Overnight accommodations consist of a small lodge in Supai Village and a campground near Havasu Falls. There is also a small café, general store and post office in Supai Village. Due to the size (or lack thereof) of the lodge and campgrounds, reservations for these are often filled one year in advance. Reservations for these, as well as for horseback escort from the Hilltop to the Village, can be made at the official website of the Havasupai Tribe, https://www.havasupai-nsn.gov/
Grand Canyon “East?” – a Grand Canyon Park in Waiting
As you have probably gathered by the information you have read thus far, the Grand Canyon is not the “sole” property of the National Park Service. A number of Native American Tribes own a portion of the Grand Canyon, and in recent years, have begun their own efforts to capitalize on it. For example, Grand Canyon West, near Las Vegas, is the Grand Canyon Park Park belonging to the Hualapai Indian Tribe. This leads some visitors to ask, “Is there a Grand Canyon East?” Not by name – yet.
The far eastern portion of the Grand Canyon belongs to another Native American tribe, the second largest in the country: the Navajo. The Navajo Indian people, or the Diné as they call themselves, actually have a rather long-standing history of development of their part of the Grand Canyon. Visitors who exit the National Park via Highway 64 on the Eastern border automatically pass through the Navajo Indian Reservation. Soon, you come upon a scenic overlook of stark yet dramatic beauty: the Little Colorado River arm. A tributary of the Colorado River, the Little Colorado River has carved a gorge of its own that, like the many canyons within the Grand Canyon, is a world of beauty and contrast unto itself. During the summer months, its mineral content transforms its waters into a brilliant ribbon of robin’s egg blue; during other times of the year, it displays an almost blood-red color. The place where it joins with the Colorado River, known as a “confluence,” is regarded as a sacred place to many Native Americans, particularly the Hopi, who believe it to be the earthly site of the “Sipapu,” the place where mankind emerged from the underworld.
Further east of this overlook is a small town of Cameron, Arizona. In 1911, a modest suspension bridge was constructed across the Little Colorado River Gorge at a lonely outpost on the Navajo Indian Reservation called Cameron. In 1915, local traders Hubert and C.D. Richardson opened the Cameron Trading Post, and Cameron soon established itself as integral commerce center for the Native American people who lived nearby. Back in the early days of the Trading Post, visitors were limited to Navajo and Hopi Indians who came to barter their hand-made goods for food staples. Today, the Cameron Trading Post is enjoyed by visitors from all around the world as a Grand Canyon gateway.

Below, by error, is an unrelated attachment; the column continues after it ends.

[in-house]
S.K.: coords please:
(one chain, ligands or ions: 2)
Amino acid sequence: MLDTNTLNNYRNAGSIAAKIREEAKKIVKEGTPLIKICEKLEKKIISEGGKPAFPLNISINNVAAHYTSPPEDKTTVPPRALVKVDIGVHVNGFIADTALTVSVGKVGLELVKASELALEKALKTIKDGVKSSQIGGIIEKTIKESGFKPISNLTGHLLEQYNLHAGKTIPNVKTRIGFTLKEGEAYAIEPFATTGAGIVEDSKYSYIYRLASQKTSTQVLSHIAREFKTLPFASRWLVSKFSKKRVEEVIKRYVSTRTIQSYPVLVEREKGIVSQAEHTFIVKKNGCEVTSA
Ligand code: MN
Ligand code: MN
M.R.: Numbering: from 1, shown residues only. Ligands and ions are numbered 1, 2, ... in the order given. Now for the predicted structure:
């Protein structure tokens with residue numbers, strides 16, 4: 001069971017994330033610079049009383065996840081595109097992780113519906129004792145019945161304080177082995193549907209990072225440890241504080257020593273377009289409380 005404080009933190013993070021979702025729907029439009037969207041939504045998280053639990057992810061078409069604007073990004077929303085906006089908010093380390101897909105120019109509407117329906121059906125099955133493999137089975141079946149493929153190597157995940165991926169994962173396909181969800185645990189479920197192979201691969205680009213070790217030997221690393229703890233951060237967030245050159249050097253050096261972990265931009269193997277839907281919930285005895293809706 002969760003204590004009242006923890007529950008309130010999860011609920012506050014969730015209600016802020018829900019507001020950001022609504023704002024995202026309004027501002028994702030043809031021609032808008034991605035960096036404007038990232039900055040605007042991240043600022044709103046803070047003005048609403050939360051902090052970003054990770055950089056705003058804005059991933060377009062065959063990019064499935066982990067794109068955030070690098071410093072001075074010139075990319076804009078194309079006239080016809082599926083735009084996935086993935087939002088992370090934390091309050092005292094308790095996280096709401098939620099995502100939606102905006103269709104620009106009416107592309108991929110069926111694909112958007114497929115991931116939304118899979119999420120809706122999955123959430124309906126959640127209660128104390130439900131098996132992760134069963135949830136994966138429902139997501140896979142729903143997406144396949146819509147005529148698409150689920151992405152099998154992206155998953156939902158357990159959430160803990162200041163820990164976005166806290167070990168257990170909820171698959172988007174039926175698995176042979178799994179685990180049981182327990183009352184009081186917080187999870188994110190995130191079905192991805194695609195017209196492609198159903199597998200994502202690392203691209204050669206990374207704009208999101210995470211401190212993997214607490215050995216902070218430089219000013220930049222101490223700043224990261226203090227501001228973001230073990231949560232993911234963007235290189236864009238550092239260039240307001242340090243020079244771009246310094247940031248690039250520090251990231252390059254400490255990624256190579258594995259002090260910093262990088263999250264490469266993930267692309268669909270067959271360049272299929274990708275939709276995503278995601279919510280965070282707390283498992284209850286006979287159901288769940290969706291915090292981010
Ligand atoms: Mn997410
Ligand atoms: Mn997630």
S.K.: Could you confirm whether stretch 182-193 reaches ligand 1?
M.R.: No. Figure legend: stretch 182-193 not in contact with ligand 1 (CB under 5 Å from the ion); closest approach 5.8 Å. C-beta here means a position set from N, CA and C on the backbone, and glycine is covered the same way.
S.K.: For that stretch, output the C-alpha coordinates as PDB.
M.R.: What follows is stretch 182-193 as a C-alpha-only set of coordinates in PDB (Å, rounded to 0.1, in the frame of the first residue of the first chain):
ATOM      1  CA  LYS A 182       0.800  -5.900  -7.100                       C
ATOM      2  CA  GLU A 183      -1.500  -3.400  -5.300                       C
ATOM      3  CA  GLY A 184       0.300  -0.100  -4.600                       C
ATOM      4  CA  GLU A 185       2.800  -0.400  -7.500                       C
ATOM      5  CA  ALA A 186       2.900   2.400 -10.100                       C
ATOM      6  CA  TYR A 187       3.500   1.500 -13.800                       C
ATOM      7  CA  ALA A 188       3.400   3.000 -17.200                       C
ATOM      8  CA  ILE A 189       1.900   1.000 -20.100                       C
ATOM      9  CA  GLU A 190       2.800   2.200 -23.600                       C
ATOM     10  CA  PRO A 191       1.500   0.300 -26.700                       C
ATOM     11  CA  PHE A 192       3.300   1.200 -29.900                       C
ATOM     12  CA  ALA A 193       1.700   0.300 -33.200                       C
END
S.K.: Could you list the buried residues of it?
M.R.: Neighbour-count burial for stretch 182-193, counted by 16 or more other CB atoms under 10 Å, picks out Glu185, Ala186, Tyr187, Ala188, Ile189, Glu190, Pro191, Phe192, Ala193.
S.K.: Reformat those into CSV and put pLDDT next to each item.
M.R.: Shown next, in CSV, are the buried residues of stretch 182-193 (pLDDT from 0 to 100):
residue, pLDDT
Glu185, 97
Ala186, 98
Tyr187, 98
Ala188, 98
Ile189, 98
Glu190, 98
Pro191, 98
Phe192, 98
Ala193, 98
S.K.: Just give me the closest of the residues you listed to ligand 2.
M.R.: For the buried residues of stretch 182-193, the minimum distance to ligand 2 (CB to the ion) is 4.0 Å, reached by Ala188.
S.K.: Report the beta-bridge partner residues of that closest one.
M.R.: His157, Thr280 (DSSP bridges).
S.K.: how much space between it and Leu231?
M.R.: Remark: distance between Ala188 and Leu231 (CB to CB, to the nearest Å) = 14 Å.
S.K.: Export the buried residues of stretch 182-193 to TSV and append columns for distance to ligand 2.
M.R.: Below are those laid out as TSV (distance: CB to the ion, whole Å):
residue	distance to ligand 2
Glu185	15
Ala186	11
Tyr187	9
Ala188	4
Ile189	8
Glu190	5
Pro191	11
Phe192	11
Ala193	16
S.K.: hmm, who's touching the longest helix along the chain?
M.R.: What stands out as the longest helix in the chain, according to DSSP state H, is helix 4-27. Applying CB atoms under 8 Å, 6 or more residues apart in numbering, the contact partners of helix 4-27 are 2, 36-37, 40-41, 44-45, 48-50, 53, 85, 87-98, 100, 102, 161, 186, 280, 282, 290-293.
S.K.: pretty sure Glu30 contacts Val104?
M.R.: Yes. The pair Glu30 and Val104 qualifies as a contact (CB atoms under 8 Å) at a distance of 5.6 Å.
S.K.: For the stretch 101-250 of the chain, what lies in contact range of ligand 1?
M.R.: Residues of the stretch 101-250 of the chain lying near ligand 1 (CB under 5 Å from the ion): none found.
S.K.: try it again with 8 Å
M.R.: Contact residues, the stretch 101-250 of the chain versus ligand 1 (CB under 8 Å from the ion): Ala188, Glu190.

A visit to Cameron is more than just a routine stop on a Grand Canyon tour. It is a cultural experience; an opportunity to learn about Navajo culture first-hand through their art. Still a vital part of the local economy, the Cameron Trading Post sells hand-crafted jewelry of silver and turquoise, colorful rugs painstakingly crafted on wooden looms handed down through generations, as well as pottery, baskets and paintings from many tribes throughout the Southwest. In the gallery, you’ll find one of Northern Arizona’s most comprehensive collections of Native made crafts. In addition to its retail store, the Cameron Trading Post also has a hotel, RV Park, convenience store, gas station, and a restaurant that has earned a cult-like following among people from all over the area, who gladly drive hundreds of miles to enjoy the house specialty, the Navajo Taco.
Cameron is ideally situated as a “base camp” from which to explore all the scenic treasures that Northern Arizona and Southern Utah have to offer. It is one hour from Grand Canyon’s South Rim, one hour from Flagstaff, Arizona, 90 minutes from Lake Powell, 2 hours from Sedona, and 3 hours from Monument Valley (another Navajo Indian Tribal Park), the Petrified Forest, and Zion National Park. If a “Grand Canyon East” park does come to be, it is logical that Cameron would emerge as the center of it. As to whether further development of other areas of the Grand Canyon owned by the Navajo will take place, that remains to be seen. But a visit to Navajo Indian Tribal Lands is a worthwhile, educational and natural complement to a Grand Canyon Park vacation.